The Accounting Historians Journal Vol. 10, No. 1 Spring 1983
Jeffrey L. Patterson PENNSYLVANIA STATE UNIVERSITY
THE DEVELOPMENT OF THE CONCEPT OF CORPORATION FROM EARLIEST ROMAN TIMES TO A.D. 476
Abstract: The idea of the "modern" business corporation is usually traced to England during the late fifteenth and early sixteenth centuries. However, many corporate attributes can be found in the Stoic's scientific theory of corpora. This theory permeated both Roman law and science and manifested itself in many of the Roman Empire's business and non-business entities. A historical and geo-graphical linkage is suggested between the concept's development in Rome and its eventual appearance in England.
This paper traces the concept of corporation back to its earliest known roots as found in Roman science and jurisprudence. A con-cise description of the history of the Roman empire and of the de-velopment of Roman law is given to provide the historical frame-work for the concept's development. An assessment is made of the concept's progress and spread up to the year attributed by his-torians to be the fall of the Western Roman Empire, 476 A.D. The conclusion of this paper, which serves as the starting point of a second paper, illustrates the various manners in which the remnants of Roman law survived the fall of the Western empire and were in-corporated into several Germanic and Saxon codifications; a subse-quent paper will detail the further development of the corporate con-cept in England up to the year 1500 A.D.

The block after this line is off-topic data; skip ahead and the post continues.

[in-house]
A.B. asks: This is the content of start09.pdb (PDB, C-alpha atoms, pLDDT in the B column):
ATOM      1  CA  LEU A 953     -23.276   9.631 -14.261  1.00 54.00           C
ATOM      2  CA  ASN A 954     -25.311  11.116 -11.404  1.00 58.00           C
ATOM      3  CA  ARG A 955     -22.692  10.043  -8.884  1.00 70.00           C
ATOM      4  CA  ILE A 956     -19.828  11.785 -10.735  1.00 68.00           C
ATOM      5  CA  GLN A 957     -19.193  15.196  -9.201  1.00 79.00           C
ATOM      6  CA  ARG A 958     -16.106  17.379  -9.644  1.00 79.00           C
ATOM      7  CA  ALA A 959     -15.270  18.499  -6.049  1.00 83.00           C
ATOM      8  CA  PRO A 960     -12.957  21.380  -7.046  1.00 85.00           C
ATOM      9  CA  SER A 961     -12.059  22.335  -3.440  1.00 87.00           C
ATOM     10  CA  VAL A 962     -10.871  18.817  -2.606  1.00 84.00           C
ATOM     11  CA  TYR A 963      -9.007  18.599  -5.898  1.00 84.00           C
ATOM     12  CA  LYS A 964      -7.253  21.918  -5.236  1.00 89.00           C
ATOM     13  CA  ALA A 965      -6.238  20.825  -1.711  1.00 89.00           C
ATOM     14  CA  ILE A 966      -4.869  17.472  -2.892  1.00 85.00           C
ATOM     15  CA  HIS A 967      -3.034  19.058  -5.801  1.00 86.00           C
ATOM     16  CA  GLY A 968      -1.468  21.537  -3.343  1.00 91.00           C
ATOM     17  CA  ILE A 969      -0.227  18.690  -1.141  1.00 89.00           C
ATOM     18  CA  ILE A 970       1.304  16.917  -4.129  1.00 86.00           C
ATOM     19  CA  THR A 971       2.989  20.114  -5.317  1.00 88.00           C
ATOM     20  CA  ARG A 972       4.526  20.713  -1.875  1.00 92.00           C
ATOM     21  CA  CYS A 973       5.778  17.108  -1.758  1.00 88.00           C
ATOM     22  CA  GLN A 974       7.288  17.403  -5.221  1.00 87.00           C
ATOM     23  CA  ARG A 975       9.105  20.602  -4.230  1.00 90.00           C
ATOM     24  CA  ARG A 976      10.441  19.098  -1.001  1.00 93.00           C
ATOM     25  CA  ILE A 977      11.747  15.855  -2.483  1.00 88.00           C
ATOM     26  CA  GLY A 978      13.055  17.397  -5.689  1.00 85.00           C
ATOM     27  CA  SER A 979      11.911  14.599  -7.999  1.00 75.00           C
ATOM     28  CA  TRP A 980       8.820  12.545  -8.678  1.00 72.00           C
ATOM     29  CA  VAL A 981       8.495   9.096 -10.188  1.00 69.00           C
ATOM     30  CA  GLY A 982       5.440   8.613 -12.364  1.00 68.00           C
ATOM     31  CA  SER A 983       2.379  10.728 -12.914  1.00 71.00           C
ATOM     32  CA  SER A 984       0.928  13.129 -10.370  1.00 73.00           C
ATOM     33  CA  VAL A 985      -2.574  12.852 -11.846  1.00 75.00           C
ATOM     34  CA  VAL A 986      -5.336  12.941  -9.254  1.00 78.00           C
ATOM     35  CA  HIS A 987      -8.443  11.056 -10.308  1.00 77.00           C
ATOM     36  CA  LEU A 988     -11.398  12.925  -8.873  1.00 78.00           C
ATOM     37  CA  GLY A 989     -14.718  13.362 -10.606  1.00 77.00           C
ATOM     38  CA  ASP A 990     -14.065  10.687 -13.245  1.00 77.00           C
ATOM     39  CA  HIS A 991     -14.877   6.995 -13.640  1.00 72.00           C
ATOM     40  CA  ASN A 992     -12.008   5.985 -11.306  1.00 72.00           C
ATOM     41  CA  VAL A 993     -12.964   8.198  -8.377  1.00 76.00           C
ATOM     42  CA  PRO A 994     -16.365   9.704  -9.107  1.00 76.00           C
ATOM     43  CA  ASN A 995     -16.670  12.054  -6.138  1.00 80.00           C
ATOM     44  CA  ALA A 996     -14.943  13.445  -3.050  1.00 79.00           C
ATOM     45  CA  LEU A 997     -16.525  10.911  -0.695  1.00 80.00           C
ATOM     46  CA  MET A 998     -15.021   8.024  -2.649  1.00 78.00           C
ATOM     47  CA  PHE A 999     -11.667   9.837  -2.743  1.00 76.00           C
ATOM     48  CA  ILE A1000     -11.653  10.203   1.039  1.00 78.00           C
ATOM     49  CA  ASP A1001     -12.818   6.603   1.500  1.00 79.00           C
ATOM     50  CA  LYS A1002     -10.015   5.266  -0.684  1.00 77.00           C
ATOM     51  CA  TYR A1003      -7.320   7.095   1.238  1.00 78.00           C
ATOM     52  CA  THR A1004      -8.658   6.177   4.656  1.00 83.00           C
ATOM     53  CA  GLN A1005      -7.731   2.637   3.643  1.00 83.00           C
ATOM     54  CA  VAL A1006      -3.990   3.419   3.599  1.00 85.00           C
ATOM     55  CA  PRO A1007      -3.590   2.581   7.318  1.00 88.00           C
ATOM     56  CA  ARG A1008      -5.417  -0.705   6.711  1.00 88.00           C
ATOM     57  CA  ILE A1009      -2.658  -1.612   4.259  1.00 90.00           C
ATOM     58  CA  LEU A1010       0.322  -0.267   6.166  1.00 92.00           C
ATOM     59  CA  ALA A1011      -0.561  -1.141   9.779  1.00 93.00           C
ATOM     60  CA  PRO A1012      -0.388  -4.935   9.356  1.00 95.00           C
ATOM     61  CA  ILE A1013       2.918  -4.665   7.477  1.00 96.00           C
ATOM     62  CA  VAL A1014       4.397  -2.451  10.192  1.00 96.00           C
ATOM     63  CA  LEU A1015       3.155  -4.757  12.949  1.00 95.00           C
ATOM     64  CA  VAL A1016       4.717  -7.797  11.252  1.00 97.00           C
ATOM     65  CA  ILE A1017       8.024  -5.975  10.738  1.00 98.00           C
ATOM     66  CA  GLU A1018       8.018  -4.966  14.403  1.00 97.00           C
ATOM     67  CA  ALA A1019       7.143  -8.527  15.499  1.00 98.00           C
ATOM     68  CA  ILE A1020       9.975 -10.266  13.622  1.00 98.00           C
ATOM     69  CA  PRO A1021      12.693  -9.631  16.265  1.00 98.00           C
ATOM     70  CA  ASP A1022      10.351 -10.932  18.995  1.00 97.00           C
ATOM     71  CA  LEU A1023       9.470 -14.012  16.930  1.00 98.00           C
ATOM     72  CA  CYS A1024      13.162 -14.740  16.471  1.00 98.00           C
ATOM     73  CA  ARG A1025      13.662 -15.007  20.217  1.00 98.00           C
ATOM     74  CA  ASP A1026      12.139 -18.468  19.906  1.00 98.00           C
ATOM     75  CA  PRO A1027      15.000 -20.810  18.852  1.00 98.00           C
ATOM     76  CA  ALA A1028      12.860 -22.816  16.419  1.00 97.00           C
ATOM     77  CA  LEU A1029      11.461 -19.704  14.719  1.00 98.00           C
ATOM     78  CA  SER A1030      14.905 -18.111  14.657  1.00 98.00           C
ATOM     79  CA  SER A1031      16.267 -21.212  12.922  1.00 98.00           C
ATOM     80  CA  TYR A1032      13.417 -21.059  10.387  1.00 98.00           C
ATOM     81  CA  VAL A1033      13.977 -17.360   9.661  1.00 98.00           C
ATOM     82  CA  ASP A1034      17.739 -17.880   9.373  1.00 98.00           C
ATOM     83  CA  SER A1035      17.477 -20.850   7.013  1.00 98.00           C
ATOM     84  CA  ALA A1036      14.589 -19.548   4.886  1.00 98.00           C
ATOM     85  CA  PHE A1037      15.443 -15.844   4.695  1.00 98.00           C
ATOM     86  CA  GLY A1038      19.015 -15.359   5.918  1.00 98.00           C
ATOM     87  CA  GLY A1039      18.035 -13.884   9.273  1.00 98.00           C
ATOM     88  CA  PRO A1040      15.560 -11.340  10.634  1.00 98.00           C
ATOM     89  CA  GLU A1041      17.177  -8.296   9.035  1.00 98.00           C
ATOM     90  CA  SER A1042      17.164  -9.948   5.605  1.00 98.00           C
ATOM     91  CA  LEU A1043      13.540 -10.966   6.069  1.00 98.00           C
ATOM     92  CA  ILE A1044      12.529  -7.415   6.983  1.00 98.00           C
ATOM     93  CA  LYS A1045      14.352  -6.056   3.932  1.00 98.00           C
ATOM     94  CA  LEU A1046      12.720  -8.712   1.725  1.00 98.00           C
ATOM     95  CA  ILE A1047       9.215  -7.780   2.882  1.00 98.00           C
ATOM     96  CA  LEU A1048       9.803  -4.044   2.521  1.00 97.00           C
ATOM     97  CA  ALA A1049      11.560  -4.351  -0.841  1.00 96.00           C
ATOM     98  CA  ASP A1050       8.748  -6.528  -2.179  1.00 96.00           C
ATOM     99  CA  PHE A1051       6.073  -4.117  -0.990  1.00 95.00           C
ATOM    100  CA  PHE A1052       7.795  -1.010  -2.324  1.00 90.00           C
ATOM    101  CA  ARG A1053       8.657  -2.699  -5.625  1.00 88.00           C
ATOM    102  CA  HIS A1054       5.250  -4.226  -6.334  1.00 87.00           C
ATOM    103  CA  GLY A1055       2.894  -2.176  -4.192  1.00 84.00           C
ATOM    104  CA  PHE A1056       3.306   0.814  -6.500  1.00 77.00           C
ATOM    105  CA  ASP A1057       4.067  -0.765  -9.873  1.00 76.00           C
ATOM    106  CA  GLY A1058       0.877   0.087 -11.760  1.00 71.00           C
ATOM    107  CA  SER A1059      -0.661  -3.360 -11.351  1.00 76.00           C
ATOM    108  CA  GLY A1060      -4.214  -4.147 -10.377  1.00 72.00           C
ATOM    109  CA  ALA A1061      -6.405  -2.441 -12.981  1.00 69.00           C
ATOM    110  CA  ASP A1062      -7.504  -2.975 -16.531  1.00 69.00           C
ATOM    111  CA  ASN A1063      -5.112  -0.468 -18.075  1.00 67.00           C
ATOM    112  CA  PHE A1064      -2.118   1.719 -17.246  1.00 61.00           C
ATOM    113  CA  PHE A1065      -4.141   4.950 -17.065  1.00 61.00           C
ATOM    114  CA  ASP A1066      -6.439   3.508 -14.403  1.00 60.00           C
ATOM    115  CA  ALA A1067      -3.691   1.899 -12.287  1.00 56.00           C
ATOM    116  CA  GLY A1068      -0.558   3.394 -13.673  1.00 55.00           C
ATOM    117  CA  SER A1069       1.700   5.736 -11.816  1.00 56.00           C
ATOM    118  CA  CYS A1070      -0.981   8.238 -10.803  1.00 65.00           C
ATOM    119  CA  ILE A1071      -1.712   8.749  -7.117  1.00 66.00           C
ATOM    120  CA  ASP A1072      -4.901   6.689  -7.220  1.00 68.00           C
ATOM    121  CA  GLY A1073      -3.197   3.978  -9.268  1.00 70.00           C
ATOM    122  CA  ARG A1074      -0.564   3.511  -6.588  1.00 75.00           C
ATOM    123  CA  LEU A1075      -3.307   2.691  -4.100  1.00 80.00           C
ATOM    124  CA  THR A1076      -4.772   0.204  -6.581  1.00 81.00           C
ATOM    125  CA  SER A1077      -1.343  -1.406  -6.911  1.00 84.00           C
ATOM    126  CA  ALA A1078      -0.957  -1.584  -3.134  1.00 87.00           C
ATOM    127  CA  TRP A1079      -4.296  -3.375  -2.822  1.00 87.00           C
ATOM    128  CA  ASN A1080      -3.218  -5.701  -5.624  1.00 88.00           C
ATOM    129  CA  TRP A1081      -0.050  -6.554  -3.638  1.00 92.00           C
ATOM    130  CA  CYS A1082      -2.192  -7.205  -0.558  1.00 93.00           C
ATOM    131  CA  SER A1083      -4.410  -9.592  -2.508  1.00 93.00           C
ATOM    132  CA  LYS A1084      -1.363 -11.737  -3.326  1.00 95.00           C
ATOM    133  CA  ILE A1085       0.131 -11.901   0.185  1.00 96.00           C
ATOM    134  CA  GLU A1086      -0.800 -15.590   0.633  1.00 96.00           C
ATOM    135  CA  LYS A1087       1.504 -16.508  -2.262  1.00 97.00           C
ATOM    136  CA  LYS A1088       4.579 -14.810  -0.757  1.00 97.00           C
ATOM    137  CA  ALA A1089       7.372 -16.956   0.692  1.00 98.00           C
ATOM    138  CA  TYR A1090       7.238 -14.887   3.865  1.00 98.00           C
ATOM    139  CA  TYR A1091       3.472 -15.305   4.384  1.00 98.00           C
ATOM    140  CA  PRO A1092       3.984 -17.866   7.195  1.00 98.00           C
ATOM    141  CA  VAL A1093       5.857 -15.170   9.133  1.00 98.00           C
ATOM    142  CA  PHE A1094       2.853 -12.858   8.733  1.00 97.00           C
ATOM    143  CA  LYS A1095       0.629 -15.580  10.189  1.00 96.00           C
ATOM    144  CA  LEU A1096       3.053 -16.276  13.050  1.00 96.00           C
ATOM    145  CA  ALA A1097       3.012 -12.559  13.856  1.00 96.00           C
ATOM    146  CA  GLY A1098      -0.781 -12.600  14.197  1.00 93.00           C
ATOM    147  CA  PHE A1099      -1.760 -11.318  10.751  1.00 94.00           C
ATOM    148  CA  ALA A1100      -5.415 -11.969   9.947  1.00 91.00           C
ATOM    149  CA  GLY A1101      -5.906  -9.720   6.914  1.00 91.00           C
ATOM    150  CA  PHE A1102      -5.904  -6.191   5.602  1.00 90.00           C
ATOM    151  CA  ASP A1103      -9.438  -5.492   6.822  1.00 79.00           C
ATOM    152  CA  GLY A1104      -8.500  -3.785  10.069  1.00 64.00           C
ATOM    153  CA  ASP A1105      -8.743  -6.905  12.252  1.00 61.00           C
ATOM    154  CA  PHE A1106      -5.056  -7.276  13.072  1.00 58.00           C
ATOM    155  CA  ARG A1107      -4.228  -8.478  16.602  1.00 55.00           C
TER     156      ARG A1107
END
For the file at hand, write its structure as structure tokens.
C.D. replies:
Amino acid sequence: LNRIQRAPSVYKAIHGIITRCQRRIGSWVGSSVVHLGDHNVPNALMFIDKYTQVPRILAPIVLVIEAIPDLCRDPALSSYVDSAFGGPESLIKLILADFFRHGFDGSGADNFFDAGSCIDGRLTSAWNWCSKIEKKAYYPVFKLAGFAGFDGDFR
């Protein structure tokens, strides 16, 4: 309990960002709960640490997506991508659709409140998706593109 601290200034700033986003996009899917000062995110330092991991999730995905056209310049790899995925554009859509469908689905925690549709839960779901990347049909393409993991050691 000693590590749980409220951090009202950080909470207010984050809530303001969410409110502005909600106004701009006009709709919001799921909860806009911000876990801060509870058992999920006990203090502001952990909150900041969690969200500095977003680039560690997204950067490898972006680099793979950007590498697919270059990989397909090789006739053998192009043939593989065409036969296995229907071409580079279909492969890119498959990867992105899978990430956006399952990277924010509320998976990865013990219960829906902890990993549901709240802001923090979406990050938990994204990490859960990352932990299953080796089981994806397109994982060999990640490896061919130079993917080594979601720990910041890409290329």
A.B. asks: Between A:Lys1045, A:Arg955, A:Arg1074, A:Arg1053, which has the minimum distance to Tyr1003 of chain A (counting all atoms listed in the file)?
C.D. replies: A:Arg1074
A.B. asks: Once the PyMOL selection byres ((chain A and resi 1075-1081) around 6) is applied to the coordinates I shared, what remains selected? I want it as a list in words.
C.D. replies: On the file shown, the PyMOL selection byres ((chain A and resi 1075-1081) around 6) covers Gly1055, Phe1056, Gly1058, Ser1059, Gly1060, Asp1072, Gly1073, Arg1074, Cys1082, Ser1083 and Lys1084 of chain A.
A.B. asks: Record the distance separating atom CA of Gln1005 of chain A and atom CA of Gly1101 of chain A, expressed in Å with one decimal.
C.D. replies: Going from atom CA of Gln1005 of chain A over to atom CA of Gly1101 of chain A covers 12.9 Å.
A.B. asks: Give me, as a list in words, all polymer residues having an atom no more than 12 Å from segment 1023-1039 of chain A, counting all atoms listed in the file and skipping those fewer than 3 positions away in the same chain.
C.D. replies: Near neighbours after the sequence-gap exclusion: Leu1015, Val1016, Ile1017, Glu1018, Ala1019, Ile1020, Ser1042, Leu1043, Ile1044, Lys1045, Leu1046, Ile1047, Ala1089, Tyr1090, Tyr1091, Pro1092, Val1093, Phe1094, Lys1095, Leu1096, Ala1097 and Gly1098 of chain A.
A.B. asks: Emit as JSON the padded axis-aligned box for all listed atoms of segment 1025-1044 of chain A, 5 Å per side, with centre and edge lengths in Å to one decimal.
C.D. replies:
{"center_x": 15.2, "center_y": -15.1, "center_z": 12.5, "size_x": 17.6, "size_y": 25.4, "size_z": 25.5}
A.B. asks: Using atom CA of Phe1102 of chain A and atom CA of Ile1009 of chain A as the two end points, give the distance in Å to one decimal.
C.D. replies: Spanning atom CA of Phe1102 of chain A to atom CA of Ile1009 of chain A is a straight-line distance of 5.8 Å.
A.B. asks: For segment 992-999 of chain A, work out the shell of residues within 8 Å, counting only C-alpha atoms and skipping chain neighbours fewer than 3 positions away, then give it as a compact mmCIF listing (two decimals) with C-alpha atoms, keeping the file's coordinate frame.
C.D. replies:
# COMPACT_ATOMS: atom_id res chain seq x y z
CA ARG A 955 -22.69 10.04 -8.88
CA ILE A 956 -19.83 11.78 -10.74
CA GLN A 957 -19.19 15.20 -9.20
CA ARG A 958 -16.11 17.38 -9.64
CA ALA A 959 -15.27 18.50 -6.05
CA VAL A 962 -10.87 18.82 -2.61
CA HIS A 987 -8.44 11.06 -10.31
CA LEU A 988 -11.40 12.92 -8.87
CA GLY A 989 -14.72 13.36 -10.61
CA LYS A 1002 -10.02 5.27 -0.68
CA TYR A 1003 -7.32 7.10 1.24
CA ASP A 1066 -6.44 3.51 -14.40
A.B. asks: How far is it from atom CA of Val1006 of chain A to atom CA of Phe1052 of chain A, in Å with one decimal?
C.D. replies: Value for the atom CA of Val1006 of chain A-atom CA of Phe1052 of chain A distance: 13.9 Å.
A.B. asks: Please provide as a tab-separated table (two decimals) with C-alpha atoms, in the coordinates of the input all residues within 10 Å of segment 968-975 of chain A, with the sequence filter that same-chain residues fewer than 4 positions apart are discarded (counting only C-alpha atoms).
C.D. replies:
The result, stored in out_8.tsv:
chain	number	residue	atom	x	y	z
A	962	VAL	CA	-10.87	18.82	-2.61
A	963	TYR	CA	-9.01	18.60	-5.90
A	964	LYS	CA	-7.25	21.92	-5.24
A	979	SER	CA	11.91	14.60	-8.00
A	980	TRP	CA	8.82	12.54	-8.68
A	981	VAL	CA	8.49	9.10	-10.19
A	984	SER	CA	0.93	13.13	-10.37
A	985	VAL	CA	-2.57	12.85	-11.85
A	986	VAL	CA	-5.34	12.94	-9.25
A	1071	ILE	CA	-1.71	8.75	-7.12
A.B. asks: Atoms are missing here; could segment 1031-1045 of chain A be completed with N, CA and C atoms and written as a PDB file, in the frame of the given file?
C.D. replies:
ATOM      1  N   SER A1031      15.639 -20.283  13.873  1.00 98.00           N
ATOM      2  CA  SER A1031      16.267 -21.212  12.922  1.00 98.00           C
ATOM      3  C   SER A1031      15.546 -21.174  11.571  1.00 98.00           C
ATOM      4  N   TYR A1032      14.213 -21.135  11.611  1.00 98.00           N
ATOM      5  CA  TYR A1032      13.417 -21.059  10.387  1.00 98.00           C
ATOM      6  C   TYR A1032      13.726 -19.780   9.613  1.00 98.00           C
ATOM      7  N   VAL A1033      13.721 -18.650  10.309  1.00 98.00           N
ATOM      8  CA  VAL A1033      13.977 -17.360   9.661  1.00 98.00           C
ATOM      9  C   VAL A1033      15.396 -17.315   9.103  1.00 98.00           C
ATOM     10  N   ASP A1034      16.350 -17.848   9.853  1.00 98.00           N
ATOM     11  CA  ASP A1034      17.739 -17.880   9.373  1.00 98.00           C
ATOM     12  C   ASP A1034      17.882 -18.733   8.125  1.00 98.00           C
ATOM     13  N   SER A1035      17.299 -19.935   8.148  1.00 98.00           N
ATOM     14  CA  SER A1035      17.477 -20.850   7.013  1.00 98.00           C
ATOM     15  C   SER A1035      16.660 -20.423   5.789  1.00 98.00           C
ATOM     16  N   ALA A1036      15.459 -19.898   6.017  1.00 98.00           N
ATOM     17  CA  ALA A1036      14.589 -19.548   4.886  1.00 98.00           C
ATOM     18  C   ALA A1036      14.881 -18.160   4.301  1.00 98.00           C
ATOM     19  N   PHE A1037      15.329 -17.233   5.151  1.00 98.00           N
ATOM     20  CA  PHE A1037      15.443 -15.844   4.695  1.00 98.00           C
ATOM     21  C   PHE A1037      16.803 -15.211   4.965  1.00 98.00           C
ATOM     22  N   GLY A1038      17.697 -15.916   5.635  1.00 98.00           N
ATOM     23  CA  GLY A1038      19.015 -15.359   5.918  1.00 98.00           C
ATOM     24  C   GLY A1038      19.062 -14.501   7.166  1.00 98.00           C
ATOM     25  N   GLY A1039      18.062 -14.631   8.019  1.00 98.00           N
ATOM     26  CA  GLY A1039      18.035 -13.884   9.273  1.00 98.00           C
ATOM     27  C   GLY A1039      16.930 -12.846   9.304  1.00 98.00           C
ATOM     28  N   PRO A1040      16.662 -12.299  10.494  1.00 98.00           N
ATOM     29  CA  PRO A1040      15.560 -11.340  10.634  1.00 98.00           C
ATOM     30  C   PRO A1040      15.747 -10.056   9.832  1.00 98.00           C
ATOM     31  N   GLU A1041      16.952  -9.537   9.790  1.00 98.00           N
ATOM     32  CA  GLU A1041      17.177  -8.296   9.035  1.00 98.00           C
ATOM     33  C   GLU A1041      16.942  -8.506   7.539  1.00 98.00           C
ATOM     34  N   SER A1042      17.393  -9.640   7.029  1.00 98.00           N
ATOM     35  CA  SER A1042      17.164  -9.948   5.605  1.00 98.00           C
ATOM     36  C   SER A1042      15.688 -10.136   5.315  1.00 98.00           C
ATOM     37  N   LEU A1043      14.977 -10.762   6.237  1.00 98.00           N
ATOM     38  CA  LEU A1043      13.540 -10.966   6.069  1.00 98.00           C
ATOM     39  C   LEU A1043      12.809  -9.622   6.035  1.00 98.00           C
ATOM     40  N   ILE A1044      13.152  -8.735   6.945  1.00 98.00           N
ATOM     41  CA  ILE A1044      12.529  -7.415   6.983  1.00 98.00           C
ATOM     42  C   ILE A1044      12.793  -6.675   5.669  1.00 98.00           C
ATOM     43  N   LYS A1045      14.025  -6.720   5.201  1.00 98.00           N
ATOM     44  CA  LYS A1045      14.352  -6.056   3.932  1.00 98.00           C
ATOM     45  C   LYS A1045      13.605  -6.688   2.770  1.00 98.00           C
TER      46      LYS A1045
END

Periods in the History of Rome
It is common for present-day Roman historians to divide Roman history into three parts corresponding to the forms of government that prevailed at the time. Thus, many authors speak of Roman his-tory as divided into the Monarchy, the Republic, and the Empire (see Appendix).
No precise beginning date for the founding of Rome has yet been determined; Roman historians of the fourth century B.C. invented a